thanks both of you for a reply.
yes, i would like to compare code. not sure if the ensign code is available.
may be i will just use the ninja stoch, it is pretty close..

Raw stochastic is the percentage of where a price is in a range of highest high - lowest low over a set of bars. Some call the raw value Fast %K.
Raw Stochastic = 100 * (Last - LowestLow) / (HighestHigh - LowestLow).
Slow %K is an average of the Raw Stochastic. Some call this first average Fast %D.
Slow %D is an average of the Slow %K. This is the 2nd average.
Ensign Windows has 4 choices of which formula to use for calculating the averages. The average used for the original Stochastic work was an exponential moving average. However, variations using simple average, weighted average and smoothed average are also worthy and useful Stochastic calculations.

The smoothed average formula is very similar to the exponential formula. The difference is in how the Alpha decay factor is derived from the average parameter N. See these formulas:
Exponential = Previous Average + ((Current Value - Previous Average) / Alpha)
where Alpha = (N+1)/2
Smoothed = Previous Average + ((Current Value - Previous Average) / Alpha)
where Alpha = N
The parameter N is greater than or equal to 1. If the parameter entered is less than 1, then invert the parameter using N = 1 / parameter.
Ensign Windows does not do a 3rd average. If an average of the Slow %D is wanted, then put on a moving average study and set its Data Point to be the %D value of the Stochastic study.

Thanks Fat Tails,
i had seen that "Stochastics Studies on fundamental behavior" on Ensign before but re-reading it shed light on many things, it ties several trading topics together.

i received a great reply back from Howard at Ensign after submitting a well constructed question. his personal attention is one thing that keeps me a subscriber. if i read his answer correctly, he believes the calculations are different when using the value of (h+l+c)/3, ninja uses the higher high and lower low of the price data, and ensign is using the higher high and lower low of (h+l+c)/3 values.. and that is the difference if i understand his reply.
i paste his answer here, tell me if that is what you think? I think their use of Typical being HLC/3 is that the C part of their Stochastic equation is replaced with HLC/3 and they continue to use Highest High and Lowest Low based on bar highs and bar lows. That is why their typical is VERY similar to the regular Stochastic using C.

Sto =100 * (C - LL) / (HH - LL) where C is the price to use, HH is the Highest High in the period and LL is the Lowest Low in the period.

What happens in Ensign is this. When you have Close as the data point, then we do the above of C is the Close, HH is the Highest High, and LL is the Lowest Low.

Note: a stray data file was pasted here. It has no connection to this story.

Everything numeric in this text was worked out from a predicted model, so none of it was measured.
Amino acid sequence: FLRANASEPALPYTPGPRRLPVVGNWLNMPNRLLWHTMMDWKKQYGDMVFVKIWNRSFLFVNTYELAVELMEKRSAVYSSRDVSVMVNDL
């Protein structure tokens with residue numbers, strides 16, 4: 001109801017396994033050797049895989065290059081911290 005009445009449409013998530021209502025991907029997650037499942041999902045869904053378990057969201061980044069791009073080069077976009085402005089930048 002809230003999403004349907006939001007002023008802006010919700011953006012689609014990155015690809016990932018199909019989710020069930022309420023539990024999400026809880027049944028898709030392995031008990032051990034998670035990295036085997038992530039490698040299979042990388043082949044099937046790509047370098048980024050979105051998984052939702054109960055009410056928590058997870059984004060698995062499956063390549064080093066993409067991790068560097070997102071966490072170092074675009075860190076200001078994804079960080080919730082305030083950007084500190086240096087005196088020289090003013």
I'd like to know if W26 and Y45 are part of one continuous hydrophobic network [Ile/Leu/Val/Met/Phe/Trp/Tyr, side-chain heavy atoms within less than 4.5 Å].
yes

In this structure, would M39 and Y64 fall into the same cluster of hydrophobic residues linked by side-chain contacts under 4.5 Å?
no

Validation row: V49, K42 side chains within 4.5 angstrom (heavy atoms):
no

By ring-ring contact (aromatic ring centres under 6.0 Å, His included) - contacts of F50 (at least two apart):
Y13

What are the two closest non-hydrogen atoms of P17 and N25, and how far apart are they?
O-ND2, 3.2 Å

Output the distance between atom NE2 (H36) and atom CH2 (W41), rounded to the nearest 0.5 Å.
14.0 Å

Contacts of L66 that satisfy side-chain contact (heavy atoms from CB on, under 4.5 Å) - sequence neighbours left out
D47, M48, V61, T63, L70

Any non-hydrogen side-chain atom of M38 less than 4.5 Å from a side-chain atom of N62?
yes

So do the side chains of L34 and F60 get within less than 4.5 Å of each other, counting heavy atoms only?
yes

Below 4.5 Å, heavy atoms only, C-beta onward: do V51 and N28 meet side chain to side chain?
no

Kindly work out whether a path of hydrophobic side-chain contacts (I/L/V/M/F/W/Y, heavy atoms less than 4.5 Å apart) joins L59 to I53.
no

For ALL OTHER DATA points, we change HH to the be the Highest DATA POINT, and LL is the Lowest DATA POINT in the period. So our HH is the Highest HLC/3 value and LL is the Lowest HLC/3 value. HH from HLC/3 will be a lower value than HH from Highs, and LL from HLC/3 will be a higher value than LL based on Lows. Therefore, our stochastic of HLC/3 can more readily approach 0% and 100%, and swing to the extremese that their implementation will not.

so maybe you, eDanny, or somebody else knows an easy way to implement this method into ninja?

Last edited by traderTX; April 17th, 2010 at 01:53 PM.
Reason: spelling

that is an unorthodox implementation of the Stochastics, but it turns out a valid oscillator. Here is the implementation for NT 7. The formula uses the High and Low of the input value over the period, as explained by Howard.

Joined is a chart of CL 06-10 with the original and the modified indicator (for NT 7.0) , and the indicator file.

Last edited by Fat Tails; April 18th, 2010 at 03:49 PM.
Reason: this indicator works on NT 7.0 only

The following user says Thank You to Fat Tails for this post:

errrr,
i tried importing it but i am still on 6.5 and it didnt seem to import.
if i upgrade to 7.0, will i lose some of the indicators that i have now for 6.5 ?
or do most 6.5 indicators work on 7.0 but not vice versa?

or should i just ask if you can do the indicator so it will work on 6.5?

Below is a version of the ModifiedStochastics for NT 6.5. It uses simple smoothing for the %D line (tell me if you prefer something different). You need to set it to Tpyical via indicator dialogue to get the stochastics indicator described by Howard. It also will give a different value with the close.

Many NT 6.5. indicators work on NT 7.0 and many do not. Each indicator needs to be tested for NT 7.0, as there is a number of code breaking changes that may prevent it from working properly. NT 7.0 indicators can generally not be used with NT 6.5.

The following user says Thank You to Fat Tails for this post: